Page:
Child Abduction is when a child, who is under 16, is taken out of the UK without the consent of those with Parental Responsibility or consent of the Court.
It is important to note that it is not classed as child abduction when a child is taken to another county within the UK. It is, however, recommended that you receive the consent from the other parent if there is no Court Order in place. If there is a Child Arrangements Order stating that you are the resident parent, you can legally take the child outside of the UK without requiring consent for up to 28 days.
The law concerning Child Abduction is the Child Abduction Act 1984. Under this law, it is a criminal offence for a person to send or take a child under the age of 16 out of the UK without the appropriate consent.
You will have Parental Responsibility (PR) for a child if you are the Mother for the child, the Father married to Mother or named on the Birth Certificate or have a Parental Responsibility agreement or order.
A child can be made a Ward of the Court which means that the High Court can be entrusted with legal guardianship of a child to ensure their safety and protection. The parents or local authority will still have day to day care and control of the child but the court’s consent is required for any significant step in the child’s life. If a child is A Ward of the Court, the child cannot be removed from the UK without the permission of the Court.
If you are concerned that there may be a risk of Child Abduction, you can take the following steps:
Apply to the courts for a Prohibited Steps Order to prevent the removal of the child from the UK. A breach of this Court Order would then be contempt of court.
You can contact the children’s schools to raise your concerns with the school and request that they put procedures in place to ensure that the children will not be collected by the potential abductor.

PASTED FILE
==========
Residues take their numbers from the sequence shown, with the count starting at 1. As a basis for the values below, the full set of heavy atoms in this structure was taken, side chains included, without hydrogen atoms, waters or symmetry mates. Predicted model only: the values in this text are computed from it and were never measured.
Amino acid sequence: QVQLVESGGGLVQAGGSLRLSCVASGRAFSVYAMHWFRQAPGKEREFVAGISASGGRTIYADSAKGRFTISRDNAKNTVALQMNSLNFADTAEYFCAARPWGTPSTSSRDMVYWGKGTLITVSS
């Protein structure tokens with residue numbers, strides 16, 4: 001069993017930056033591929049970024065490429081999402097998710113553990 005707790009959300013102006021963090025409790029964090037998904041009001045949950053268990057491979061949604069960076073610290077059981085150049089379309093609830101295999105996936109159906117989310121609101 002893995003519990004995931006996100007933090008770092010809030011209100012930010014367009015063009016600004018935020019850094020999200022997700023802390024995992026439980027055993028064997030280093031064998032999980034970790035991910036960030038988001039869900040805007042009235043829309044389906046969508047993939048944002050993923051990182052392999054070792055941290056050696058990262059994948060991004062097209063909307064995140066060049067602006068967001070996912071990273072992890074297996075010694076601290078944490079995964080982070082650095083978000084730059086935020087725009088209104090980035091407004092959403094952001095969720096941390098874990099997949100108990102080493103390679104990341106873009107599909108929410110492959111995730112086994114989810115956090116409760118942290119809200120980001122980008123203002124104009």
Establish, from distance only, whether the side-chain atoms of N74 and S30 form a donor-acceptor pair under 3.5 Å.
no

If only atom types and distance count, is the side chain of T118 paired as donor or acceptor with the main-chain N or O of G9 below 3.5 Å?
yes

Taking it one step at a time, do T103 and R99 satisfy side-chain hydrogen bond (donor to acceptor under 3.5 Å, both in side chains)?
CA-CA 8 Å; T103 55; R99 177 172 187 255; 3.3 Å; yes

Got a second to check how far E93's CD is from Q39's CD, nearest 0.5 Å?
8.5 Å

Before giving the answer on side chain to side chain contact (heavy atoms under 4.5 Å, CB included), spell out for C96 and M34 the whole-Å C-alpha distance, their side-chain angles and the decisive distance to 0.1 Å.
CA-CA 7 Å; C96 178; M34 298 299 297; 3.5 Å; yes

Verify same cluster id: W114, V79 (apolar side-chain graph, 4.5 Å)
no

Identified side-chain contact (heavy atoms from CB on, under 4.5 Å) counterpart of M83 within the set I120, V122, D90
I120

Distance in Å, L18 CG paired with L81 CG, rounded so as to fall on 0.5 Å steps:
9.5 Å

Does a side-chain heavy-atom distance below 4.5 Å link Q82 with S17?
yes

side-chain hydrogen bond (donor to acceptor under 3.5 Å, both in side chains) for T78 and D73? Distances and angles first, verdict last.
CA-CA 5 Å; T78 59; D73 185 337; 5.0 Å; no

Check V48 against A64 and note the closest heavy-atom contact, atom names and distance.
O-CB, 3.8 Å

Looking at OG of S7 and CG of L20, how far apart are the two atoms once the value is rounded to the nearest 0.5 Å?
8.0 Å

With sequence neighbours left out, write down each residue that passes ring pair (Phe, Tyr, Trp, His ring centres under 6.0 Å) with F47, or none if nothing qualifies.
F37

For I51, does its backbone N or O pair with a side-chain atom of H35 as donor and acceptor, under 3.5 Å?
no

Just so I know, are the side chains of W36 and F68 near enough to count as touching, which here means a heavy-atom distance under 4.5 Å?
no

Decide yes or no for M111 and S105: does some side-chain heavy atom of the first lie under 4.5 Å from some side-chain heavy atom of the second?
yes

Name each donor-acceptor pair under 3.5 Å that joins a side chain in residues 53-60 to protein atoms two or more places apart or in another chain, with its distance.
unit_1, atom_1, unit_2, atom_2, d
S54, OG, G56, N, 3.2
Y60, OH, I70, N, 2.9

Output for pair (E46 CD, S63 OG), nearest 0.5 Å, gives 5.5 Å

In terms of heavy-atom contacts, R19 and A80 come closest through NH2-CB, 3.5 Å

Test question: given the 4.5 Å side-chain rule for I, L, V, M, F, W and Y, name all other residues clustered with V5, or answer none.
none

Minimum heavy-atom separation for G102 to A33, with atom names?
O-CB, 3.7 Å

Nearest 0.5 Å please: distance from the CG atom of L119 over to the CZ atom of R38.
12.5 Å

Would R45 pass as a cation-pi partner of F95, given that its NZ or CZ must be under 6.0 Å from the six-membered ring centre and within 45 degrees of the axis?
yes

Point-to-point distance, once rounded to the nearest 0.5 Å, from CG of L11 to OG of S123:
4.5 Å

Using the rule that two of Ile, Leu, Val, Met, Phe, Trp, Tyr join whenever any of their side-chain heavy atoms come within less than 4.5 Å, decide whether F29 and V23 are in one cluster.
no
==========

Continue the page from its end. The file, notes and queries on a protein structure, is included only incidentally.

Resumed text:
You can contact the Passport Office to prevent the child from obtaining a passport without your consent. If the child already has a passport, you can obtain an Order from the Court for the child’s passports to be surrendered.
You can contact the Police to issue a Port Alert if the child is likely to be taken abroad without the necessary consent. A Port Alert means that the police will alert all points of departure from the UK to prevent the abduction. The Port Alert will be active for 28 days but if this is required to be extended, an application to the Court will need to be made.
Under Section 50(1) of the Children Act 1989, a Recovery Order can be made for a child who is subject of a Care Order, Emergency Protection Order or in Police Protection where there is a reason to believe that the child has been unlawfully taken from the care of the responsible person, the child has run away, is staying away or is missing.
Section 50(3) of the Children Act 1989 sets out what a Recovery Order means in practice. A Recovery Order:
If the child has been abducted to a country within the Hague Convention, an application can be made to the International Child Abduction & Contact Unit, known as the ICACU. The ICACU will advise of the steps you need to follow and will put you in contact with legal representation in the country in which the child has been taken. The legal representative will then review your case and will submit an application to the High Court for an Order for the return of the child.
Duncan Lewis Solicitors can advise you in relation to Children Act Proceedings. Duncan Lewis Solicitors have specialist solicitors who represent parents, family members and children within this area of law. Our solicitors, trainees and caseworkers also speak a range of languages to assist clients where required with any language barriers.
Duncan Lewis is recommended by The Legal 500 legal directory for its specialism in all aspects of family and children law nationwide and cross-border. The Legal 500 applauds our family and child care solicitors to be a team of lawyers that are ‘friendly professionals who take their time to understand your case’. Duncan Lewis team includes Advanced Members of the Law Society’s Family Panel, and members of the Law Society Children.
Depending on the application, legal aid may be available and you can be assessed for this prior to the matter being taken on. Alternatively, a quote for a fixed fee or the hourly rates of a legal representative also be provided. You will be advised of the funding arrangements prior to the proceedings commencing.
For expert legal advice on all family and childcare matters, contact Duncan Lewis Solicitors on 033 3772 0409.